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Blow to Kashmir daily

The English newspaper had swam against the tide to speak out after the abrogation of Article 370 and challenged in the Supreme Court a communication blockade
The Union Territory of Jammu and Kashmir is now administered by Lt Governor Manoj Sinha

Muzaffar Raina   |   Srinagar   |   Published 21.10.20, 01:58 AM

The Jammu and Kashmir government has sealed the Srinagar office of the Kashmir Times, the leading English newspaper that swam against the tide to speak out after the abrogation of Article 370 and challenged in the Supreme Court a communication blockade.

The estates department of the administration sealed the office at Srinagar’s Press Enclave on Monday. The Union Territory of Jammu and Kashmir is now administered by Lt Governor Manoj Sinha.

The newspaper, the oldest English daily in Jammu and Kashmir, is headquartered in Jammu but ran an edition from Srinagar.

The print edition from Srinagar was suspended recently because of a financial crunch but the online edition was being published from the office.

The office operated from government space allotted to the newspaper in 1993, along with some other newspapers and journalists.

Anuradha Bhasin, the owner and executive editor of the Kashmir Times, said no due process was followed. “They came yesterday around 5, the office was working and they asked the staff to come out. There was an argument and my staff asked where the order was but they told them to talk to the higher-ups. They put a lock outside and all our infrastructure is inside,” Bhasin told The Telegraph.

“No eviction order was served on us. They were first supposed to give a cancellation order, then publicise it, ensure the occupant receives it and give time to file objections…. No such thing was followed.”

A government official said they had not taken possession of the office of the Kashmir Times but that of the building allotted to Ved Bhasin, the founding editor of the newspaper and Anuradha Bhasin’s father, who died some years ago. The official, who spoke on condition of anonymity, claimed the space was being used for residential purposes and another quarter nearby was being used as an office.

Anuradha Bhasin said rumours started floating about the eviction some six weeks ago, after which they approached the estates department.

“They were not giving a clear picture. It was all bizarre. We approached the court of the deputy commissioner. The hearings happened. The judgment was reserved. The order (of eviction) is out now but it has not been served,” she said.

“It is vendetta…. They did it because we went to the Supreme Court and also for constantly talking about lack of civil liberties, lack of democratic space in Kashmir. We were critical of a lot of government policies and actions,” Bhasin added.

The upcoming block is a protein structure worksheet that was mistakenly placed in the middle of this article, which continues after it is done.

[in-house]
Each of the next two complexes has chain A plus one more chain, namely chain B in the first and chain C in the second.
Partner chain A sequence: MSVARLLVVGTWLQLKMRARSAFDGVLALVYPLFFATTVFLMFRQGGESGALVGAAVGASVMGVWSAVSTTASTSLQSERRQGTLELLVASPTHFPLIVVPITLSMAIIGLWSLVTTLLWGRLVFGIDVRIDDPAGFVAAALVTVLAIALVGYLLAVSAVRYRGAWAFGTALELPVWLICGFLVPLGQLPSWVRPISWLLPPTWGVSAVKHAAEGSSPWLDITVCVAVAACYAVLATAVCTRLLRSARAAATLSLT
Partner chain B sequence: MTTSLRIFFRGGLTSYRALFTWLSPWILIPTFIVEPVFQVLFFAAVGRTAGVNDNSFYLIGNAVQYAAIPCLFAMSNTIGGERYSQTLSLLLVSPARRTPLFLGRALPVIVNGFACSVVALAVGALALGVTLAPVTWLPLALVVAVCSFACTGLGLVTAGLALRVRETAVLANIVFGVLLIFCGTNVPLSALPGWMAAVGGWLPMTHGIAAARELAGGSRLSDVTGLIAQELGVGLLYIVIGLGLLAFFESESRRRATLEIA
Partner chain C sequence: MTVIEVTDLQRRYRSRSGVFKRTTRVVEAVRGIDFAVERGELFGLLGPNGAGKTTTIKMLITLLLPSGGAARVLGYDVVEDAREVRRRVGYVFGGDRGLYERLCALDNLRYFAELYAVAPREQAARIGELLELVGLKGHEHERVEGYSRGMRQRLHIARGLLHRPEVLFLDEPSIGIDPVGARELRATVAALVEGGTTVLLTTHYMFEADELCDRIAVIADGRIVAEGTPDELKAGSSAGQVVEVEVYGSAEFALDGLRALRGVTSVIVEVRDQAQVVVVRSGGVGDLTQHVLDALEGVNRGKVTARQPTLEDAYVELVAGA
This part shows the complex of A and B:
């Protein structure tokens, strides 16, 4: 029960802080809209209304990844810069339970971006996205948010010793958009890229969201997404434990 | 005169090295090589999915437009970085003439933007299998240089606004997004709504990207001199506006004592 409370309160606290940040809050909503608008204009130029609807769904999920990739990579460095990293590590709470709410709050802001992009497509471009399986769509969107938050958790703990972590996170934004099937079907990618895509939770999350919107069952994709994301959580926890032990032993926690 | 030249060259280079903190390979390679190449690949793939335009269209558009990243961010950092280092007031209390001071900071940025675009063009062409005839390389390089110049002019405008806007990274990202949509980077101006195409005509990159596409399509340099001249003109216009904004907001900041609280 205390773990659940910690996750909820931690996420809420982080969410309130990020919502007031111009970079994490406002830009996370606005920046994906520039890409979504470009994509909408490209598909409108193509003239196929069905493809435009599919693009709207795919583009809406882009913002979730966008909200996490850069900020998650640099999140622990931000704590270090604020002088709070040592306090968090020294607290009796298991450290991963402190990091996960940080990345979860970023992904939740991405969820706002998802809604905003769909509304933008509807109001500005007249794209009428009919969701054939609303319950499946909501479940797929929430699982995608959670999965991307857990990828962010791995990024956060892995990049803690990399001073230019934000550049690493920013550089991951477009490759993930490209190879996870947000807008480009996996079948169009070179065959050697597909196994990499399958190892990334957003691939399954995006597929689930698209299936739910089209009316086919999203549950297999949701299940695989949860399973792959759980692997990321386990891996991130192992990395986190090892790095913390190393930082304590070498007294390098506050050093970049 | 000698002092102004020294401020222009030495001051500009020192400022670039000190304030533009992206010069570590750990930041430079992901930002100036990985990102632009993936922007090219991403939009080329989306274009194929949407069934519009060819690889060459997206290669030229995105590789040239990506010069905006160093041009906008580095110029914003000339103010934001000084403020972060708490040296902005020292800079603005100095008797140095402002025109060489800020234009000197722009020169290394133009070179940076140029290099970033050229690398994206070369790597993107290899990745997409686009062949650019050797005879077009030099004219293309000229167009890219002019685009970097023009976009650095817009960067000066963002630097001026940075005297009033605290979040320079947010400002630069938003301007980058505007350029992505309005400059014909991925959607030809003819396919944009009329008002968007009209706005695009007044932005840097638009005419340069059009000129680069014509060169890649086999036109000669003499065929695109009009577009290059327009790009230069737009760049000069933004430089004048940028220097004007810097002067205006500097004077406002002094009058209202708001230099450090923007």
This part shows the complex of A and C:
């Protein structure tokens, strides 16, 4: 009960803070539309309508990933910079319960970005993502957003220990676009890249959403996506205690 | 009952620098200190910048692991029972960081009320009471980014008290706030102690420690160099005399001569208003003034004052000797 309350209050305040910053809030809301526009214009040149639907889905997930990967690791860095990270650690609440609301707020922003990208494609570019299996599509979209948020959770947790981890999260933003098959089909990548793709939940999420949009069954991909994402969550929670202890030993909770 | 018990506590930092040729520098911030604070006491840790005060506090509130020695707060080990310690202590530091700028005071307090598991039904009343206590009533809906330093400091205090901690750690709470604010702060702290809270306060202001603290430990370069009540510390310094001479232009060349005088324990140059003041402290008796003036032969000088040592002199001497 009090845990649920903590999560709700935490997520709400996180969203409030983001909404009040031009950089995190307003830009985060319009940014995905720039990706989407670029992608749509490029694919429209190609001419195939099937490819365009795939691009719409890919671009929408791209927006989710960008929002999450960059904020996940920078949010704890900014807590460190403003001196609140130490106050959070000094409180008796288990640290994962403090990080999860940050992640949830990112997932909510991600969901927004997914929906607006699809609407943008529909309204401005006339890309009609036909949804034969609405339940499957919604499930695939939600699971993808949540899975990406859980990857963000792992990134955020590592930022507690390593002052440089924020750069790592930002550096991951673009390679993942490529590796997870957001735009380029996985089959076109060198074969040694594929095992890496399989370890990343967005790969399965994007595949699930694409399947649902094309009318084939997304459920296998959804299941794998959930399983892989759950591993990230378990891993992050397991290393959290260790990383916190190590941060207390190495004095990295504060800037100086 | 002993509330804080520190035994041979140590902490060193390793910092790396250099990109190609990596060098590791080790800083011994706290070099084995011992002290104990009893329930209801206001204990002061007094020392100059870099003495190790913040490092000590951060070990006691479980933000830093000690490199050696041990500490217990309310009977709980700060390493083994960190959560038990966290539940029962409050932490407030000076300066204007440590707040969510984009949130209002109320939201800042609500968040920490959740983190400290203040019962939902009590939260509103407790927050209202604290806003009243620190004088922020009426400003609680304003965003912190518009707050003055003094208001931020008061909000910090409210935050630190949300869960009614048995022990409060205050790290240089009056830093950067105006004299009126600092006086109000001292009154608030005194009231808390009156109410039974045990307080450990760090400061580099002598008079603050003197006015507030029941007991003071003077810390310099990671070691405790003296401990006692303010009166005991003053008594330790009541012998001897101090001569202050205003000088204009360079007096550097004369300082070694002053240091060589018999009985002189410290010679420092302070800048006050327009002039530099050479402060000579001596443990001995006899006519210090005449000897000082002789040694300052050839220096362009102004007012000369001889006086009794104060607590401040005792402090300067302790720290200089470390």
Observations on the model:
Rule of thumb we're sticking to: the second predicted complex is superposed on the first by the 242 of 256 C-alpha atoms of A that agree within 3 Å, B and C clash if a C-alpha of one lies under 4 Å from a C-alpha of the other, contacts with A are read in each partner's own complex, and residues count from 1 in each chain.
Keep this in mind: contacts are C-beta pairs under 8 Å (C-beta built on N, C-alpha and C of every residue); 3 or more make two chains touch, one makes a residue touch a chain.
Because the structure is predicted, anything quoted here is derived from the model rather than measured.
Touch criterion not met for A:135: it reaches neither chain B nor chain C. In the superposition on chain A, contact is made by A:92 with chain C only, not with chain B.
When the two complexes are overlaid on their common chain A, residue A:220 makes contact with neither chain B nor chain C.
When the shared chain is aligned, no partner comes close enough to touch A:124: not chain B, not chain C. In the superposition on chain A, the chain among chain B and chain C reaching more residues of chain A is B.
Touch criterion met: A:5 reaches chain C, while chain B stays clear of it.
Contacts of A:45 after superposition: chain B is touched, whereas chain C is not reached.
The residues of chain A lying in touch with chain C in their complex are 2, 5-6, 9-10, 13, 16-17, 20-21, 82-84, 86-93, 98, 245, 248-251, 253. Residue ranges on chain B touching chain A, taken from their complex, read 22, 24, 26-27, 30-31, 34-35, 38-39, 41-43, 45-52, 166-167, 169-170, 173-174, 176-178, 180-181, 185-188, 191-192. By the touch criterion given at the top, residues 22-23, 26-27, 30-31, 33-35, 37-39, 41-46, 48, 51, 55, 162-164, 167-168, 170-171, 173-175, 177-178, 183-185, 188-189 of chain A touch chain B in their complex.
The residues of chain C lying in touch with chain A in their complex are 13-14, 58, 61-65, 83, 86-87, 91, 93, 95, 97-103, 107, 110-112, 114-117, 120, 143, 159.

The newspaper had borne the brunt of alleged government reprisal for filing the case in the Supreme Court against the blockade. Since November, the daily has received no government advertisements — a major source of revenue for the region’s dailies.

The sealing of the Srinagar office was condemned by politicians and several individuals but major associations of journalists took their time to react.

The Kashmir Editors Guild said in a statement on Tuesday night: “The Guild sees the sealing as the continuation of an abnormality being enforced on Kashmir media for a long time, especially since 2010. In the last 10 years, the successive regimes have created a very unpleasant history as far as operations of the media in Kashmir are concerned.

“Preventing circulation of newspapers, blacklisting the newspapers from getting government advertisements in Srinagar and Delhi, and interrupting negatively in the routine operations have adversely impacted the media. These are in addition to the issues that reporters face on a daily basis while gathering information.”

Bhasin had hit out at other publications for their coverage of the events after Jammu and Kashmir’s special status and statehood were revoked. Most of these publications are accused of turning into government mouthpieces as they feared reprisals or a squeeze in advertisement revenues.

“The Valley’s leading newspapers have chosen to keep their publications alive by killing news stories and burying all morals of journalism,” Bhasin had written last month.

On Tuesday, Bhasin said she received expressions of solidarity from individuals. “There is overwhelming solidarity. I had not expected this much. People I don’t know, not just journalists, but strangers who are sending me messages offering their houses to be used as the office till I get the space,” she said.

The Committee to Protect Journalists (CPJ), a media watchdog, condemned the sealing and asked authorities to “stop trying to silence independent and critical voices” and “respect press freedom”.

Former chief minister Omar Abdullah mocked other publications for turning into government mouthpieces.

“This (action against the Kashmir Times) explains why some of our ‘esteemed’ publications have decided to become government mouthpieces, printing only government press handouts. The price of independent reportage is to be evicted without due process,” he tweeted.

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